Fresh Raspberry Bavarian Cream

In my last post I wrote that I was going to try a whipped Bavarian cream, so I did. This recipe is yet another from my trusty 1936 booklet, What you can do with Jell-O.

My younger brothers stayed at my place for the weekend, which gave me an excuse to make a dessert that none of us has had before. These days I like to make jello for them when they’re in town partially because I think it’s funny, but mostly because it’s quick and easy and I don’t feel like spending more than like 30 minutes away from the fun if I don’t have to.

I’ve been itching to try something repulsive lately, but since my raspberry plants are overflowing we opted instead for a recipe that is both edible and a good use of the fresh fruit. It turned out to be slightly more labor-intensive than I had expected, but only slightly.


Fresh Raspberry Bavarian Cream

Ingredients:

  • 1 pkg (3 oz.) Raspberry Jell-O
  • 1 cup warm (or hot) water
  • 4 T. sugar
  • 1 cup fresh raspberries, crushed
  • 1 cup raspberry juice and water
  • 1/2 cup cream, whipped

Dissolve Jell-O in warm water. Add sugar to berries and let stand 20 minutes. Drain off juice and add water to make 1 cup. Add to dissolved Jell-O. Chill until cold and syrupy. Place in bowl of cracked ice or ice water and whip with rotary egg beater until fluffy and thick like whipped cream. Fold in berries and cream. Turn into mold. Chill until firm. Unmold. Serves 12.

Step ONE: Dissolve and Macerate

Dissolve the Raspberry Jell-O in warm water. I actually used hot water this time because I was curious to see if it would improve the strength of the mold. I mentioned the water thing in my last post about Banana Bavarian Cream, and noted that my 1930’s recipes are notoriously delicate. This bavarian cream turned out much less droopy than the last one, but I can’t definitively attribute this to the water because this was not really a controlled experiment. Whipping it may have made more of a difference. The hot water didn’t hurt though, so I say use warm or hot water.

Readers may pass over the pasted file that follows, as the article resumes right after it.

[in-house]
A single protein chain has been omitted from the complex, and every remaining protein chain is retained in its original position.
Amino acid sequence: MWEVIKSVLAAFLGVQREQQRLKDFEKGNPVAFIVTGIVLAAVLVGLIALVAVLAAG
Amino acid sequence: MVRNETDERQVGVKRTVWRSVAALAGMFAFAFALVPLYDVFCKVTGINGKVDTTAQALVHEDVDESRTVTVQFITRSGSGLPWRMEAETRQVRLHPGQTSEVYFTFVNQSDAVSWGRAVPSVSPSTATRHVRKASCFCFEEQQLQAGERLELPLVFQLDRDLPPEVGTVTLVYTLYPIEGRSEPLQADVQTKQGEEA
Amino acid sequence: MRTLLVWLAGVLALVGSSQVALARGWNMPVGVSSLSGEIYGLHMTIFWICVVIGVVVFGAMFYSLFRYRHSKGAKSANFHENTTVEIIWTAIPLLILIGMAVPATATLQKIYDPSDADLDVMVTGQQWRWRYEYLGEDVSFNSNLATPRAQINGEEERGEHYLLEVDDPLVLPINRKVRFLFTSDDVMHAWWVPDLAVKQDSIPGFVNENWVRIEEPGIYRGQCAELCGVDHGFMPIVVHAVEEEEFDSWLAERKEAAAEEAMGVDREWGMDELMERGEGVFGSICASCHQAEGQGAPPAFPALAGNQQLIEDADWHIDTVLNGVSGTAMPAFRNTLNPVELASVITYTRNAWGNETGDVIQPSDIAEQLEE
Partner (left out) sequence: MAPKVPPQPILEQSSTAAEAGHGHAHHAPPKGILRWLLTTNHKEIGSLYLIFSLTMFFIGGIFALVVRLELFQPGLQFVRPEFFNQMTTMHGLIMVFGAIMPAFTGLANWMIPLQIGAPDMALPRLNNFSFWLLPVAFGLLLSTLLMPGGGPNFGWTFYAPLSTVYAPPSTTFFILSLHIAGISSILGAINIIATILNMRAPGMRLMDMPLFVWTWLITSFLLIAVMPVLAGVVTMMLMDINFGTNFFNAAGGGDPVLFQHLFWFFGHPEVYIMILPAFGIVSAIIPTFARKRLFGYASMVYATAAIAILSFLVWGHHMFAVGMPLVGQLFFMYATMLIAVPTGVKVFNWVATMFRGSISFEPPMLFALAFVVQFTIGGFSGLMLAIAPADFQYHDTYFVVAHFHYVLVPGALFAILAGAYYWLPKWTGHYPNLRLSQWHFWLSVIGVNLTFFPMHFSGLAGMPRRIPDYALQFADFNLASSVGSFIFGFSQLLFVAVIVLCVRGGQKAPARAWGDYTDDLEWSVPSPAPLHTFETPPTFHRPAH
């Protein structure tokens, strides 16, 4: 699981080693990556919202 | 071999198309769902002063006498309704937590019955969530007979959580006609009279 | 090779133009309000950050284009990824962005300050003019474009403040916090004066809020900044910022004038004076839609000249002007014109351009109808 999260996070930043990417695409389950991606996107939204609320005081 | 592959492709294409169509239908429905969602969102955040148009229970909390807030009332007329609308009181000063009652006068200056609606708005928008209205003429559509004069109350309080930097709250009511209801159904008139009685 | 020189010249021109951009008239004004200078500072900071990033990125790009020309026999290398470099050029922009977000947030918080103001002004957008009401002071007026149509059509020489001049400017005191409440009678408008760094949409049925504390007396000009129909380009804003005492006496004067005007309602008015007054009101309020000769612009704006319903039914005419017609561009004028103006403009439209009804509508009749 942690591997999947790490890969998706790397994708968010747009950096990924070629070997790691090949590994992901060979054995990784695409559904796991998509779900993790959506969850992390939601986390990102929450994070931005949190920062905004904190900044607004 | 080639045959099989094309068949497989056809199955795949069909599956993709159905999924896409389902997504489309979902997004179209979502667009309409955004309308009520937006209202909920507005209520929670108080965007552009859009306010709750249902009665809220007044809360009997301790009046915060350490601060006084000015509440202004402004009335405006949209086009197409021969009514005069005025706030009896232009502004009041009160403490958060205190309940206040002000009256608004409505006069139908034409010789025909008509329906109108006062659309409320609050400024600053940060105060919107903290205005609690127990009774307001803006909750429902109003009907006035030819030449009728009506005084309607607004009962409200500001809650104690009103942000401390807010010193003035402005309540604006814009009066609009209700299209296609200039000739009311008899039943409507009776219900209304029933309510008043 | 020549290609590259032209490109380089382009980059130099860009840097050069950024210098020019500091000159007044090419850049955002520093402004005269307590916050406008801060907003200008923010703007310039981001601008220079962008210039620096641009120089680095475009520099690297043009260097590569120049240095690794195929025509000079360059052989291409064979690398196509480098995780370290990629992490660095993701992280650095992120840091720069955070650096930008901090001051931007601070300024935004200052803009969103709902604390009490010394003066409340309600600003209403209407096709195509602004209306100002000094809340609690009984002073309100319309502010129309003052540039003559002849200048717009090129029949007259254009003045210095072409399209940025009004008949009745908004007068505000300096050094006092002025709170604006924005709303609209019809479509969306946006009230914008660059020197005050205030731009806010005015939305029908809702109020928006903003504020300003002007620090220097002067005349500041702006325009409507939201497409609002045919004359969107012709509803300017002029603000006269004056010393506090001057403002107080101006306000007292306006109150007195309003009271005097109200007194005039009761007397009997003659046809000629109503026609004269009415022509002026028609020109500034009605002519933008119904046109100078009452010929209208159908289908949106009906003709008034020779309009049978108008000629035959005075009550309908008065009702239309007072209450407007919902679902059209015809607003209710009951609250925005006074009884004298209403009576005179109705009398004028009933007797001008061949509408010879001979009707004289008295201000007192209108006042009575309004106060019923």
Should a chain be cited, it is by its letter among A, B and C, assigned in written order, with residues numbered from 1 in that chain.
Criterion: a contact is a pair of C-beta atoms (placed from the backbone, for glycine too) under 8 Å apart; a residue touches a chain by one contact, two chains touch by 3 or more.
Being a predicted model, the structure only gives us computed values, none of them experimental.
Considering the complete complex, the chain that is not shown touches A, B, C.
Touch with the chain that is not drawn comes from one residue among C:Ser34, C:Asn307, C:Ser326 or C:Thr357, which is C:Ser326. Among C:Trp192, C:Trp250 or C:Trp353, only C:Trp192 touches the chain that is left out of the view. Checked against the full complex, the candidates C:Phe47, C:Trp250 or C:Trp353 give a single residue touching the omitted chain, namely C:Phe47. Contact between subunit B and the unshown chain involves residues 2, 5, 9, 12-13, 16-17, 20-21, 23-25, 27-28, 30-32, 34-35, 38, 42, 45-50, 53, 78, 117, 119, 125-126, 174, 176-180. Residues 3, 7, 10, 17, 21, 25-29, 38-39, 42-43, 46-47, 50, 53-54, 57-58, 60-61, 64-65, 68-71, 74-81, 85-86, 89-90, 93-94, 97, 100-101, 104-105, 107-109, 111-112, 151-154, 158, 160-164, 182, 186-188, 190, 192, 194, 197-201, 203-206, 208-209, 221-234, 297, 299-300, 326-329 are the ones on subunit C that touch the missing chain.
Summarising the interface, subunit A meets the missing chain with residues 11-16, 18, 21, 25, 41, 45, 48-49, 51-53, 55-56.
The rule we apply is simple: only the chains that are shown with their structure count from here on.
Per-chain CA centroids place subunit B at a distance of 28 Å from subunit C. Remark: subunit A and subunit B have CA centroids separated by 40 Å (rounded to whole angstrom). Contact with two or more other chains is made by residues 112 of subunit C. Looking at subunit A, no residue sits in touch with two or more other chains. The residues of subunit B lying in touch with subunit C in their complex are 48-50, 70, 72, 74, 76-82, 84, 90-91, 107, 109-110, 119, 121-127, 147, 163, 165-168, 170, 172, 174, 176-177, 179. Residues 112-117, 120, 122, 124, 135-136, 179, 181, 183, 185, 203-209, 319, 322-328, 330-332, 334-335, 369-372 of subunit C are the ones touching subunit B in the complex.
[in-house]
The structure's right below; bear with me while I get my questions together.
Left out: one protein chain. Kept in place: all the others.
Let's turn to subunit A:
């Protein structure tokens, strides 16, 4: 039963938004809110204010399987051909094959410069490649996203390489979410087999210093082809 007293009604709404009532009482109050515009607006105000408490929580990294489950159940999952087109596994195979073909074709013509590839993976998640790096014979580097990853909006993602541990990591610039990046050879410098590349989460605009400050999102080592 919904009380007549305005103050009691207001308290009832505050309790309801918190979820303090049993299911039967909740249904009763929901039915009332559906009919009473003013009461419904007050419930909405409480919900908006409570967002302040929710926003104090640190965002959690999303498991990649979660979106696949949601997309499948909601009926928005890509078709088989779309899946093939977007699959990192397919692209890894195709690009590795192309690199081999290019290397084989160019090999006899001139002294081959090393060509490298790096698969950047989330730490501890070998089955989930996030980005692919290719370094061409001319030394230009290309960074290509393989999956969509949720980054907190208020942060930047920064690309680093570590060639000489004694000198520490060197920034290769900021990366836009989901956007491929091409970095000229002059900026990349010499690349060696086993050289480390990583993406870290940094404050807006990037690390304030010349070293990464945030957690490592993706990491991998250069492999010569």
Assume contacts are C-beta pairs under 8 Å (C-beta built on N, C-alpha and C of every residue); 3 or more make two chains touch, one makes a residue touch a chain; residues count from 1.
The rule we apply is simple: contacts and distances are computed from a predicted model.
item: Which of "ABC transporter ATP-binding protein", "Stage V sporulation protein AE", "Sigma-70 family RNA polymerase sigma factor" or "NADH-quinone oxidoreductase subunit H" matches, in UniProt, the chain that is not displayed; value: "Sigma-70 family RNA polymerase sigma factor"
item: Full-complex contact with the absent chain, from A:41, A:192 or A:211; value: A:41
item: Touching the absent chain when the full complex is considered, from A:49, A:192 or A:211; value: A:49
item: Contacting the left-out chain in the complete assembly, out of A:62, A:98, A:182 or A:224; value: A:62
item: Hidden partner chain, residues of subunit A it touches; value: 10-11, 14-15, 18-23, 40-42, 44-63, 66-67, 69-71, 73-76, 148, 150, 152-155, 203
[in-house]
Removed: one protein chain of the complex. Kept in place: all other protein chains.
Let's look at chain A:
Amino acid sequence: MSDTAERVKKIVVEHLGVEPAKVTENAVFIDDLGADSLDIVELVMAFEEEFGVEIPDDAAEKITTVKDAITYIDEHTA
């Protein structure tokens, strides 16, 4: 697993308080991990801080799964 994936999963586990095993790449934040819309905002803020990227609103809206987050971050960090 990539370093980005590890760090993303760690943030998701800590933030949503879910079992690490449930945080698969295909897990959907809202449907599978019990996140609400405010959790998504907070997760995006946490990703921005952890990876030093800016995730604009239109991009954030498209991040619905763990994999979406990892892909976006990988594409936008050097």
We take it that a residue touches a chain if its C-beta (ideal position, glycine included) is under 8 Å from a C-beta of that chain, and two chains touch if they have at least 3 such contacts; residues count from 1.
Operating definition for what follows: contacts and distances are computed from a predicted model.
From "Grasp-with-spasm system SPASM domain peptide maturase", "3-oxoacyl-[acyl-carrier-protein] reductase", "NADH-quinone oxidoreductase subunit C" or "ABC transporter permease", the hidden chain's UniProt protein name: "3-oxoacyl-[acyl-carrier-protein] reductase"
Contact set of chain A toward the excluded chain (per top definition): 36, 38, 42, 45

While the Jell-O is doing its thing, gently crush your raspberries in a bowl with a fork. Sprinkle the sugar thoroughly and let it sit for 20 minutes.

When the raspberries are done, strain out all the liquid and measure how much “juice” you have. I ended up with not quite a half cup. So I added a half cup of water (to equal 1 cup total) and stirred it all into the Jell-O. Chill it in the fridge for 30-60 minutes or until thick and syrupy. Set the raspberries aside for later.

Step TWO: Whip

When the jell-O is thick and goopy, but not set, it’s time to whip.

If you’ve tried the Strawberry Whip, then you already sort of know what to do here. However, unlike the whip, we don’t want this jello to get too frothy.

Put your bowl in another bowl of ice and/or ice water and whip with a whisk or rotary beater. I found that a whisk was not working out very well so I swapped to a hand mixer. Problem is, I don’t have a rotary beater and I didn’t want it to get super foamy, so I used only one whisk on my electric hand mixer at the lowest setting in short bursts. Once it is thick and fluffy, it’s time to add the fruit and cream.

Whip the heavy cream the way you usually do, by hand or in a blender. Do not use pre-whipped cream from a can. You’ve already added sugar so that would just be…too much sugar.

Also, do NOT stick your spatula in the blender until the blade has come to a complete stop or you will cover your face and hair with heavy cream and possibly also destroy the spatula.

Step THREE: Fold and Mold

Gently fold the whipped cream and raspberries into the jello until it’s pretty evenly mixed and a solid color. Take it easy, don’t be so aggressive with it.

Either scoop all of the jello into a single large mold or spoon it into individual molds. I opted for the mini molds. Unlike other jellos, this one will have some bubbles in it and will inevitably form some air pockets. Don’t use a super fancy mold with lots of grooves. Just do your best to break up the air bubbles and give the mold a few taps to fill as much space as you can.

If you’ve done this right your jello should already be pretty thick and will set very quickly. I’d give it a couple hours just to be safe. Unmold and garnish with some raspberries.

The Verdict

This jello was a huge hit! Everyone really liked it, including the people who don’t like jello. Even my son liked it because it didn’t have a weird texture or noticeable chunks of fruit in it. Poor kid is going to have some very bizarre and unsettling food memories as an adult.

The recipe says this serves 12 but unless a “serving” is like three bites I would say it only serves 8 at most. 6 if you use individual molds.

We made an important discovery though. I highly highly recommend serving this with some angel food cake dessert cups. Just scoop in the jello as a topping and you’ve got a delicious little treat. Alas, I did not take pictures of the Raspberry Bavarian Cream Angel Food Cups, but you’ll just have to trust me on this one.

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